The Smithtown Library on Long Island has reversed its decision to remove all Pride-related displays from the children’s sections. Meanwhile, Governor Kathy Hochul is planning to investigate the libraries that removed the LGBTQ displays in the first place.

Parents are complaining about a RuPaul biography geared towards children at the Cragin Memorial Library in Colchester, CT.

A divided Pennsylvania Senate panel advances two bills limiting sexual content in public schools. (Pennsylvania people, call your representatives.)

The Council Rock (PA) School Board elects to include The Giver and In the Time of the Butterflies in next year’s curriculum, despite opposition from several board members.

A Maryland librarian is being charged with hate crimes after admitting to vandalizing two libraries in Prince George’s County last week. He spray painted the word “Groomer” across the front entrances of both libraries.

The Central Rappahannock Regional Library (VA) board is holding a special meeting to discuss concerns over content displayed on the library system’s mobile app.

The Roanoke (VA) County School Board unanimously approved a new media review policy which requires multiple librarians to read and meet to discuss which books belong in school libraries. In other words, this is a tremendous waste of taxpayer dollars and staff time/expertise.

Lawyers say that the “defective” Virginia obscenity claims should be tossed. However, a pair of Virginia politicians have now sued Maia Kobabe and Oni-Loin Forge over Gender Queer, saying that the graphic memoir violates Virginia’s obscenity laws.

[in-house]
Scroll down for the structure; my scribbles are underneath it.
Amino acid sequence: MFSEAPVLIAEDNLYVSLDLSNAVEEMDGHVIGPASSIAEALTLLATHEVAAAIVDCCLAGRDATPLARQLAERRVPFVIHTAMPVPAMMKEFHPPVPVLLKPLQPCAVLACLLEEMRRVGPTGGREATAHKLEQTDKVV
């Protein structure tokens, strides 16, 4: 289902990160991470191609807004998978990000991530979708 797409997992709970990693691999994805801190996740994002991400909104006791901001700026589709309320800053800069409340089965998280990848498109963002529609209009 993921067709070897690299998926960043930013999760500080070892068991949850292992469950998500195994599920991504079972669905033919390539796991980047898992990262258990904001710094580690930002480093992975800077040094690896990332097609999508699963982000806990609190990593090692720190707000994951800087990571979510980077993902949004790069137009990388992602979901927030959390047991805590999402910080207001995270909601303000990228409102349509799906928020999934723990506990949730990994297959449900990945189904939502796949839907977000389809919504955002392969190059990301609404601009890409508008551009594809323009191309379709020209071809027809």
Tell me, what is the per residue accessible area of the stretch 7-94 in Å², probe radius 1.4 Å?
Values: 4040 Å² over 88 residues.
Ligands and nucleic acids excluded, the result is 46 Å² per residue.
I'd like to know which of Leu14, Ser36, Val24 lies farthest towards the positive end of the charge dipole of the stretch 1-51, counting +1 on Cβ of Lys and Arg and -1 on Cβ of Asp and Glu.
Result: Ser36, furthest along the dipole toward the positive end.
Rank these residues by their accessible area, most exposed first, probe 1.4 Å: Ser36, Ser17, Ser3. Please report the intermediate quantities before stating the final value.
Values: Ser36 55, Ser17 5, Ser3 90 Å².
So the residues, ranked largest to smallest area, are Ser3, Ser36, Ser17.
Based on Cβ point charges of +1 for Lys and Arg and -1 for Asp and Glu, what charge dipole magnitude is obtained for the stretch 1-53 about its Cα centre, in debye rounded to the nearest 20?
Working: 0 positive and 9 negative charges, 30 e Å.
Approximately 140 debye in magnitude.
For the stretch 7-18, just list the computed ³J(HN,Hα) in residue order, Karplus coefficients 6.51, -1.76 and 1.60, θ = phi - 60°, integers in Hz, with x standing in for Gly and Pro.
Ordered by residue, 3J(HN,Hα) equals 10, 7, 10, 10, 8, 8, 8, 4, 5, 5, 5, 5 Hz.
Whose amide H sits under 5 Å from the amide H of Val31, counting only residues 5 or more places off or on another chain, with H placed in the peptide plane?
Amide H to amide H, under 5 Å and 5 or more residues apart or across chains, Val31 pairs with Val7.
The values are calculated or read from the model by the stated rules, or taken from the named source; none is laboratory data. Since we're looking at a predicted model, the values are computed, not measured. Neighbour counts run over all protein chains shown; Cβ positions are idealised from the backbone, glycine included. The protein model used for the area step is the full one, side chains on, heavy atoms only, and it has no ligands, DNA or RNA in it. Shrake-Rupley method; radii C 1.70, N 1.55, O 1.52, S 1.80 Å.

“I felt very unsafe.” Parents speak out after the Proud Boys show up at a Pride Story Time at the Pine Valley Library in Wilmington, NC.

And not surprisingly, officials and advocates are offering differing versions of what happened when the Proud Boys disrupted the event.

Wilkes County (NC) School admins have decided to end the school’s participation in the Battle of the Books program, likely from local criticism about the books included on the elementary and middle school reading lists.

The CatholicVote “Hide the Pride” movement takes credit for the disappearance of Columbia (SC)’s library Pride display and subsequent threatening letter to library staff.

A Walker County (GA) mother addresses the school board over “vulgar” books, except her kids are currently homeschooled and don’t actually attend that school district.

The Frisco ISD (TX) is changing two policies regarding library book objections. Particularly noteworthy is their use of the Texas Penal Code’s definition of “obscenity,” instead of looking at a contested passage within the context of the book as a whole, which means that even one paragraph may be enough to deem a book “obscene,” according to Daniel Stockton, the Executive Director of Government and Legal Affairs.